Thursday, 14 September 2017

Book Review - Losing Leah by Sue Welfare

Amazon UK
Title: Losing Leah
Author: Sue Welfare
Format reviewed: Ebook
Source: Author supplied copy
Publisher: Castle Yard Publishing
Publication Date: 14th May 2017
Rating: 4 Stars

An ordinary ordinary couple... a terrible secret.

On a cold dark February morning. Chris and Leah Hills stop for coffee at an isolated service station a stone’s throw from the Welsh Borders. While Leah heads inside, Chris locks the car and goes in to order them a drink. 

She shouldn’t be long, after all they’ve only stopped to stretch their legs.
Minutes pass. Chris waits and waits, but Leah doesn’t come back.

When Sergeant Mel Daley and her boss, Detective Inspector Harry Baker, arrive to begin the search, their investigation calls into question whether Leah ever left Norfolk and unravels a tangle of dark secrets from the past.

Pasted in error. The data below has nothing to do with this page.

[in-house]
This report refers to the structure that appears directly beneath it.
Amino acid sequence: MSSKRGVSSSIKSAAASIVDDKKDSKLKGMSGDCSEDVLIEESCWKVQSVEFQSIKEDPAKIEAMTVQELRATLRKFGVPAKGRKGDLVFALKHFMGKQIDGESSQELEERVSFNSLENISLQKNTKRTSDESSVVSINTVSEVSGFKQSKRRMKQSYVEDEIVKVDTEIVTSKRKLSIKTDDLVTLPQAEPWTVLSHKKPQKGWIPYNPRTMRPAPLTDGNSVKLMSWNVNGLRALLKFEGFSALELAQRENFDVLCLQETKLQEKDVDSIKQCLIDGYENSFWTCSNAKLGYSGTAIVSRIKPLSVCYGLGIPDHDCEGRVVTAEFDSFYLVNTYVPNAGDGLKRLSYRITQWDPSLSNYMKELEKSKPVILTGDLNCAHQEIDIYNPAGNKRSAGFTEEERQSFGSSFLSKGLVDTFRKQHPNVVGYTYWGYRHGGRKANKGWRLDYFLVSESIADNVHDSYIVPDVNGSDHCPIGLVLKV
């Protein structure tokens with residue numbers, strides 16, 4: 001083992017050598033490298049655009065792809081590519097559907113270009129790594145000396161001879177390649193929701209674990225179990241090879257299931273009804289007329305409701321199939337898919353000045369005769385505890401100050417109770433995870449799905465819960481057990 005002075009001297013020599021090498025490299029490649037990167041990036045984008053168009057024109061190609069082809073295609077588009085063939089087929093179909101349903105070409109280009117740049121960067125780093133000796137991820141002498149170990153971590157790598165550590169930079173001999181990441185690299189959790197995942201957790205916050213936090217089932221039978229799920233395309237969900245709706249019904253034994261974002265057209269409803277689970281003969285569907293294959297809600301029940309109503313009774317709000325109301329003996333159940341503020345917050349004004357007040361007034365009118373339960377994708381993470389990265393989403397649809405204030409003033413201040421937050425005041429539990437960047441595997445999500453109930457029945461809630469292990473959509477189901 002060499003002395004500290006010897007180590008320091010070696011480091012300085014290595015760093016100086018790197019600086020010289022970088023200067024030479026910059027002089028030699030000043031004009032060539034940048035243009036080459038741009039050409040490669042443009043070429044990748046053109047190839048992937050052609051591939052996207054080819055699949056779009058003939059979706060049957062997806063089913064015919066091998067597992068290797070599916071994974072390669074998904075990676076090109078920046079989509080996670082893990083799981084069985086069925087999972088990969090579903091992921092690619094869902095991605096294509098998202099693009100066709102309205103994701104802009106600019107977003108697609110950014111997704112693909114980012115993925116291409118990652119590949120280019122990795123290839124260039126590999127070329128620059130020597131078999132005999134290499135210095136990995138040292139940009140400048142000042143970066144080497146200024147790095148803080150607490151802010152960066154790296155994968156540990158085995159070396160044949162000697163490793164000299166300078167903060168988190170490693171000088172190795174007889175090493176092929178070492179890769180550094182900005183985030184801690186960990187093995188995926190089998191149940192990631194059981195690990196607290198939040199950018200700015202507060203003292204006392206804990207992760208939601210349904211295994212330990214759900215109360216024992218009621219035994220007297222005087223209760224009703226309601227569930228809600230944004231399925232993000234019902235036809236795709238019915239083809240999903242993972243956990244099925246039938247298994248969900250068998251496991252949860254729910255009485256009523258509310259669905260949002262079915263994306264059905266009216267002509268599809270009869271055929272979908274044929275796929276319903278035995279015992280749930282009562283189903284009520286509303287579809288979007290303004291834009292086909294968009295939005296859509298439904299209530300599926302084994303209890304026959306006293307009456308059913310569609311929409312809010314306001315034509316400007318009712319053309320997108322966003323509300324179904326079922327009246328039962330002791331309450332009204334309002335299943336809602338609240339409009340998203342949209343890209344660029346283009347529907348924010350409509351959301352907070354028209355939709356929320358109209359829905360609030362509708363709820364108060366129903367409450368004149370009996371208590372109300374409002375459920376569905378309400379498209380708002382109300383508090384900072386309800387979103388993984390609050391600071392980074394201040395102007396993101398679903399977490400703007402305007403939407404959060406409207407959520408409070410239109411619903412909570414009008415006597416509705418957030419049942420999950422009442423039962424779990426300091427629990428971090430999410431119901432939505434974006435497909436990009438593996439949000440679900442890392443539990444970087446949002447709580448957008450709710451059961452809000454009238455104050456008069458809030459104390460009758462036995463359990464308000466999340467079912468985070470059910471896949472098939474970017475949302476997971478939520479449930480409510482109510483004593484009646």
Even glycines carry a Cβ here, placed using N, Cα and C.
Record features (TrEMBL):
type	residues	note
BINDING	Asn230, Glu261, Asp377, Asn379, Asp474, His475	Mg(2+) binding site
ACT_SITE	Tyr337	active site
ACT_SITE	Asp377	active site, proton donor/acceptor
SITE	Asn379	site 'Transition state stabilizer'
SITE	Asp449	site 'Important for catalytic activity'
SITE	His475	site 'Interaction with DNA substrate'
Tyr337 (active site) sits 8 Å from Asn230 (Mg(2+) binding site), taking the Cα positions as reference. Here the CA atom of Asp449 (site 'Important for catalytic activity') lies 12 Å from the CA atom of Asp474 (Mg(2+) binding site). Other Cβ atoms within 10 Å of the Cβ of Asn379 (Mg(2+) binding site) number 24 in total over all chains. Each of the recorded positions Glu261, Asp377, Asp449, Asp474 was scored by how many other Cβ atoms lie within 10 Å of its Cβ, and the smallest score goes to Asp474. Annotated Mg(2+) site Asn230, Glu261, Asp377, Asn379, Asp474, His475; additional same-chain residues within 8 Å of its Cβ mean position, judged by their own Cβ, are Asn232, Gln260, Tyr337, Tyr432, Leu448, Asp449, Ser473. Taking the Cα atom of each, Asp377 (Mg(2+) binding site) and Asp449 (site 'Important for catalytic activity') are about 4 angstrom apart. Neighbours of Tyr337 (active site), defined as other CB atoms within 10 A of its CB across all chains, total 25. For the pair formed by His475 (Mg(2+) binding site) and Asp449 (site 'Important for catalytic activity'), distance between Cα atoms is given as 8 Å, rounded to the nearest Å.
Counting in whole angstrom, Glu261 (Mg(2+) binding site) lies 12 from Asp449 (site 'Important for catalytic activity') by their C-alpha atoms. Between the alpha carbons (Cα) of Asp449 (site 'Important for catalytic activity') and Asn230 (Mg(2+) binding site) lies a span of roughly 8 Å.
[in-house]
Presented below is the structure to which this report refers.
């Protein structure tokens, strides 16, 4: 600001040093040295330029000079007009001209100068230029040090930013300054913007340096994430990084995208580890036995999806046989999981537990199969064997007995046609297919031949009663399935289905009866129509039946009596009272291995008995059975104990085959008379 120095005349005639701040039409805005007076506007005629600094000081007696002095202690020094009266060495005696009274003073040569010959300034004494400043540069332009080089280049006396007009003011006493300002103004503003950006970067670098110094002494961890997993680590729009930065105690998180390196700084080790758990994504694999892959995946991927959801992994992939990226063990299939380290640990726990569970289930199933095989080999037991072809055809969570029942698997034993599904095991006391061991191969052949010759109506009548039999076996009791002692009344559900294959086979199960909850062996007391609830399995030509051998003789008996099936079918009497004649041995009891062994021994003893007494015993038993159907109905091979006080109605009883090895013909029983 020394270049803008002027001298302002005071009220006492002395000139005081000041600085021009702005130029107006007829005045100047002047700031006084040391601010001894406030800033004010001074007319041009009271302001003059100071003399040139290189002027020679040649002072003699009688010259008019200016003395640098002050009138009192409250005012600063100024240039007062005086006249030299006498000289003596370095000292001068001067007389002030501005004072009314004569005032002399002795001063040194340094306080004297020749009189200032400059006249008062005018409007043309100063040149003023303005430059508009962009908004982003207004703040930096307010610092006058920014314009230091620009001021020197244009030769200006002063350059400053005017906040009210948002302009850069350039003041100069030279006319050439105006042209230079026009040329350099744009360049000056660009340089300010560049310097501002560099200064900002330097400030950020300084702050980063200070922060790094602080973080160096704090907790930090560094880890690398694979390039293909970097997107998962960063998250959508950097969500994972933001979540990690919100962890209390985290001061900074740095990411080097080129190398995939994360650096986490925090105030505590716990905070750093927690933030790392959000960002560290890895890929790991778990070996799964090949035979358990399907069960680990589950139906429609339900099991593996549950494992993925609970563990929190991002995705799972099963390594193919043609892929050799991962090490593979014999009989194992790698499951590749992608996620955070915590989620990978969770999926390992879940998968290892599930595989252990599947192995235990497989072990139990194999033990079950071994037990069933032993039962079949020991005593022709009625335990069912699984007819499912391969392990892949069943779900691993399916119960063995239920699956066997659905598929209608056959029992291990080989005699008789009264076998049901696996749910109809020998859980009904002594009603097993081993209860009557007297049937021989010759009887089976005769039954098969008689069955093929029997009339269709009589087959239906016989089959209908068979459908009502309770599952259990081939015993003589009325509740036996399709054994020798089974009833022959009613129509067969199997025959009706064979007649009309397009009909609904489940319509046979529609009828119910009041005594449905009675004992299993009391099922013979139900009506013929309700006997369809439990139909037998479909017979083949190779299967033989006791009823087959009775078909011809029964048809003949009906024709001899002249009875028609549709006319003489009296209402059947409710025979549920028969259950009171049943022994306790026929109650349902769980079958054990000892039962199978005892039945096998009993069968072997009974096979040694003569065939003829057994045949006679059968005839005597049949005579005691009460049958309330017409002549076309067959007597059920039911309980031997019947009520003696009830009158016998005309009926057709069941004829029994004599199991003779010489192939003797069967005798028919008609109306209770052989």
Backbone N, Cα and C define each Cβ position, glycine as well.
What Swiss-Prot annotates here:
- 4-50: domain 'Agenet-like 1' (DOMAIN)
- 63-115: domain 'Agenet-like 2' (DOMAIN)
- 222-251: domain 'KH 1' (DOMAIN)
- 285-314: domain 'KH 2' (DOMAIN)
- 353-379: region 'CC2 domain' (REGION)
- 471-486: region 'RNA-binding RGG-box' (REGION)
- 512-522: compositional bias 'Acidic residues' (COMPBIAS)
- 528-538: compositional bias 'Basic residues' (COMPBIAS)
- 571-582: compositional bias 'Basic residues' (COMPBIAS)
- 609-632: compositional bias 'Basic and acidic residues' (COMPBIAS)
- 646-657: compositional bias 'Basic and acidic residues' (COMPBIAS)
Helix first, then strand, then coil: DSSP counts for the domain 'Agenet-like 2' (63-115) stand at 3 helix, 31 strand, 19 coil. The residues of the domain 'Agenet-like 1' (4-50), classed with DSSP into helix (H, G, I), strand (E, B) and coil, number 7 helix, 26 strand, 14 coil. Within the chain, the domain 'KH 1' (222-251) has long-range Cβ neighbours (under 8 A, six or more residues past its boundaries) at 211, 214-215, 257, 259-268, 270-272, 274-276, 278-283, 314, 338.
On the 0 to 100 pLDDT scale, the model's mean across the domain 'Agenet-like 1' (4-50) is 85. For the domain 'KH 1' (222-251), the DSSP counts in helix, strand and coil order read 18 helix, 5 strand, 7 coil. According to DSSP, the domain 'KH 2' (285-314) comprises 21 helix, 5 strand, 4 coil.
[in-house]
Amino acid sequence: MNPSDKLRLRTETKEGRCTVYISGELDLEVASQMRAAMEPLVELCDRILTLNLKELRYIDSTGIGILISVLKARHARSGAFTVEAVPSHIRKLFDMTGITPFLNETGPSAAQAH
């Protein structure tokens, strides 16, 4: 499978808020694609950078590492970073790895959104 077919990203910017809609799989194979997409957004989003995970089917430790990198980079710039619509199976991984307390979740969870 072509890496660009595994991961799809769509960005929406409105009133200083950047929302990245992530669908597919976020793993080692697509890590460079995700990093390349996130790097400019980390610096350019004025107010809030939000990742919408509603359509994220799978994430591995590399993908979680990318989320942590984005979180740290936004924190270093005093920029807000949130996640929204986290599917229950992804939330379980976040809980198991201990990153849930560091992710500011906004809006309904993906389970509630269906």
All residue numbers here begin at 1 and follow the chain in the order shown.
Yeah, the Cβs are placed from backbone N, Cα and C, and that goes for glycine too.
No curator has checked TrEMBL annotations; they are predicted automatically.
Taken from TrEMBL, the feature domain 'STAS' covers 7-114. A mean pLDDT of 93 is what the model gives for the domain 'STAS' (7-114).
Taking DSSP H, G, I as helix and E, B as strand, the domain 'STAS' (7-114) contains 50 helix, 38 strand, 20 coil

Losing Leah definitely contained a mystery had that me stumped. How can someone just disappear from a motorway service station, especially when there is no evidence to prove that she was even there in the first place? 

This was an interesting crime story, the evidence and investigation took a while to get going, and the detectives really needed to be in 3 places at once. 

Most of the narrative was from Sergeant Mel Daley's point of view, and she explained a missing persons case in rather basic terms that anyone could follow, and the procedure that the police follow in such a case. I found it rather interesting.

Losing Leah was a story that fascinated me, and what struck me most was Chris's character, he was so distraught that his wife had disappeared after a very short space of time, and was frantically wanting to be out searching himself, that it raised flags with me and yet nothing is ever that simple. 

I loved seeing Chris get worked up in the interview rooms, especially while also seeing how the police investigation was going.  Sergeant Daley on the other hand seemed like a good detective, but I wasn't so keen on her personal life, that was touched on in places, but not overly fleshed out. 

This is a good story, that was simple enough to follow but as it progressed became more complex, to the extent that I was still wondering what exactly happened to Leah for the majority of the book.  

Thank you to Sue Welfare for this copy which I have reviewed honestly and voluntarily. 

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